Kino is the main character of The Pearl by John Steinbeck.
Kino often “hears” songs that represent his situation. For example if he is in danger he may hear the Song of Evil or the Song of the Enemy. The songs in this book set the theme for what has happened, what will happen, and what is happening. In The Pearl Kino hears the Song of Family, the Song of Evil, and the Song of the Pearl.
The Song of Family symbolizes the balance of Kino’s life and how content he is. It is most prevalent in The Pearl near the beginning and the end of the book. In the beginning, Kino hears it when he first wakes up and later when he is determined to get the doctor.
In Kino’s head there was a song now, clear and soft, and if he had been able to speak of it, he would have called it the Song of the Family…Juana sang softly an ancient song that had only three notes and yet endless variety of interval. And this was part of the family song too. It was all part. Sometimes it rose to an aching chord that caught the throat, saying this is safety, this is warmth, this is the Whole. Across the brush fence were other brush houses, and the smoke came from them too, and the sound of breakfast, but those were other songs, their pigs were other pigs, their wives were not Juana. (Steinbeck 2-3)
The song shows that Kino is extremely satisfied and happy with his life and family life even though it is almost the exact same as any other family who lives near them. At the end he once again hears the Song of Family when he finally relinquishes the pearl after Coyotito’s death and throws it to the sea. “In Kino’s ears the Song of the Family was as fierce as a cry. He was immune and terrible, and his song had become a battle cry…And Kino heard the music of the pearl, distorted and insane…And Kino drew back his arm and flung the pearl with all his might” (Steinbeck 89-90). This shows how much of a hold the pearl had had over his personality and also how quickly he went back to being the person he was before he found the pearl, the kind that does not punch his wife in the face. The Song of Family represents the balance of Kino’s life.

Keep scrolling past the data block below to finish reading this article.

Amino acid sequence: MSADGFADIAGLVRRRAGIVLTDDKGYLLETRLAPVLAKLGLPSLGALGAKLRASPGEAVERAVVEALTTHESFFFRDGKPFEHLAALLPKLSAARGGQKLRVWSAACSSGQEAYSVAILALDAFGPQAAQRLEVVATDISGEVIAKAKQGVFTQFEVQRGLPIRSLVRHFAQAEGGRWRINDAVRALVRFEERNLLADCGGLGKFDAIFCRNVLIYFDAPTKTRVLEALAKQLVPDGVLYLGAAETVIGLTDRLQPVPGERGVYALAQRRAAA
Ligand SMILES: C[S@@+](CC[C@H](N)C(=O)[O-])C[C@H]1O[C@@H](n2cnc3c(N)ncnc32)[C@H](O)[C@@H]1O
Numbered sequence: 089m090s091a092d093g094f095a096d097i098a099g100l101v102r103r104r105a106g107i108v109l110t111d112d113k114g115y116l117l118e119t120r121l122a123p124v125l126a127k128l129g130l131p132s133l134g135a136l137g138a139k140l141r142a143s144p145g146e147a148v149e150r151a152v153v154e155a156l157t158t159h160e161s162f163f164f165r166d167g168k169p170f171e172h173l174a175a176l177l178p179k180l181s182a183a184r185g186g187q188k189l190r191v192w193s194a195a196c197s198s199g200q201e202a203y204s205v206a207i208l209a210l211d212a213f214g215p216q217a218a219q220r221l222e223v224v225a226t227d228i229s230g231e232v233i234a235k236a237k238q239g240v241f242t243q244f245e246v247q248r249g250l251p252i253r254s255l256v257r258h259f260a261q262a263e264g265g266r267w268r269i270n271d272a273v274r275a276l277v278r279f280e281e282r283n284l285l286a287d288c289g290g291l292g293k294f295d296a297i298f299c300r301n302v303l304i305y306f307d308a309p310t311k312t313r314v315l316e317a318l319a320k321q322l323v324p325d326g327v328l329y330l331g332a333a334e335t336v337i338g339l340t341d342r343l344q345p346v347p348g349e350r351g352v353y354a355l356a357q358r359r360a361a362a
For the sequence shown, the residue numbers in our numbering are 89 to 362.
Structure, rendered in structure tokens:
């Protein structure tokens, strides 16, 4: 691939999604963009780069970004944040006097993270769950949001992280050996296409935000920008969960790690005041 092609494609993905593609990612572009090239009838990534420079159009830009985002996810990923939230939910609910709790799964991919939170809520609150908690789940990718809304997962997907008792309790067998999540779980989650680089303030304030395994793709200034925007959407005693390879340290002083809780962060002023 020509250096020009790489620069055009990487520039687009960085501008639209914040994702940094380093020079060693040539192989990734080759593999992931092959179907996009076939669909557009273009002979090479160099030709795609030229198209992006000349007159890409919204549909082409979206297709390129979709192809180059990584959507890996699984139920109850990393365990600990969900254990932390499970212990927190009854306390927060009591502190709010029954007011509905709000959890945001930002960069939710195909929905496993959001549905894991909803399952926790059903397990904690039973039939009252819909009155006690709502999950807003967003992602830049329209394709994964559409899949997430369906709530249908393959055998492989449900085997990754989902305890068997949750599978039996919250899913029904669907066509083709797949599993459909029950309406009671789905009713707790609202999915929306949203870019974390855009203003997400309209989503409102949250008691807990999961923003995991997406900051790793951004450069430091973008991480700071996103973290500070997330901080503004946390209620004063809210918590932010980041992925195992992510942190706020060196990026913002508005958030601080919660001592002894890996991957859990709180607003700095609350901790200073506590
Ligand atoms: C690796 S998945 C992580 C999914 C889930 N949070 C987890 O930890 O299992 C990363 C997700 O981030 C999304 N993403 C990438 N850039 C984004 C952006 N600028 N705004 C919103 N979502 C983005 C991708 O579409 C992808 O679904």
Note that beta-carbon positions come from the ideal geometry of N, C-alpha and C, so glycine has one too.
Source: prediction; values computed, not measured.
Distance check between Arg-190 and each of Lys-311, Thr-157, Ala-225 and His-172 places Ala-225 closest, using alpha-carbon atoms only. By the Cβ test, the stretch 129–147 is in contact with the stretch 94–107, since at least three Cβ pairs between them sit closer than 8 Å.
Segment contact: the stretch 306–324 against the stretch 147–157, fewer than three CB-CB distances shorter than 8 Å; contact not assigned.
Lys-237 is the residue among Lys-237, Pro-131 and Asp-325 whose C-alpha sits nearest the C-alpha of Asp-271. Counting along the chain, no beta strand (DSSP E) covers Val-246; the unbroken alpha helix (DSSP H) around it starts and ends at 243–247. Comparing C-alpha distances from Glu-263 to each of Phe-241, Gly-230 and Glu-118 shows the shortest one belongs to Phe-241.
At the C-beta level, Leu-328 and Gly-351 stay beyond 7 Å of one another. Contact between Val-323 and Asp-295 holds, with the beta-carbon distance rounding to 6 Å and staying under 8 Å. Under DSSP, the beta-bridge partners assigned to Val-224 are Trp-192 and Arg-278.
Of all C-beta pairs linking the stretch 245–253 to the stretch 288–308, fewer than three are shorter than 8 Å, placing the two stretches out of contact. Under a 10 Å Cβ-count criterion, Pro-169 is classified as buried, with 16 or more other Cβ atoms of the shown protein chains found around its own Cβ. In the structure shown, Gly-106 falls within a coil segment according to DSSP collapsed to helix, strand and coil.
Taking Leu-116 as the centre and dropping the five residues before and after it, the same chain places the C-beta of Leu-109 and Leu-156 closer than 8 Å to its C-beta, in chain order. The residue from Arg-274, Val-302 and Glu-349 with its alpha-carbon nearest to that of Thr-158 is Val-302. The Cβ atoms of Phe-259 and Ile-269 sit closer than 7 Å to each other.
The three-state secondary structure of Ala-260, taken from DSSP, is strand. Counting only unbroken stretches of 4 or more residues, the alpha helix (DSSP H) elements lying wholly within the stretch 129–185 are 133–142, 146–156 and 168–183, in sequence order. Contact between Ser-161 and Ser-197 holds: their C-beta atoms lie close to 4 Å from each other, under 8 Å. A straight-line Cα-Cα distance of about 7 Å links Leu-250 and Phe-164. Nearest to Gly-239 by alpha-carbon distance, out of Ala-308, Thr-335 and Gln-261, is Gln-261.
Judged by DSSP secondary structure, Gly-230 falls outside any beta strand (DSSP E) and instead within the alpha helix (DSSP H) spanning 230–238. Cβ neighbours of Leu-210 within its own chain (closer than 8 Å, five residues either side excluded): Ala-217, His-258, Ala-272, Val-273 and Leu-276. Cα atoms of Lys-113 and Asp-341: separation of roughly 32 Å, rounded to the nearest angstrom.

The Song of Enemy is heard when Kino feels he is in danger or in the presence of an enemy. It is present in the beginning and throughout much of the body of the book. In the beginning the Song of Evil is brought forward by the scorpion on Coyotitio’s hanging box.
Down the rope that hung the baby’s box from the roof support a scorpion moved slowly…In his mind a new song had come, the Song of Evil, the music of the enemy, of any foe of the family, a savage, secret, dangerous melody, and underneath, the Song of the Family cried plaintively…[It] fell on the baby’s shoulder, landed and struck…His teeth were bared and fury flared in his eyes and the Song of the Enemy roared in his ears. (Steinbeck 5-6)
This is where the Song of Evil is first introduced. It shows that when Kino hears the Song of the Enemy, the Song of Family is oppressed. Kino also becomes more...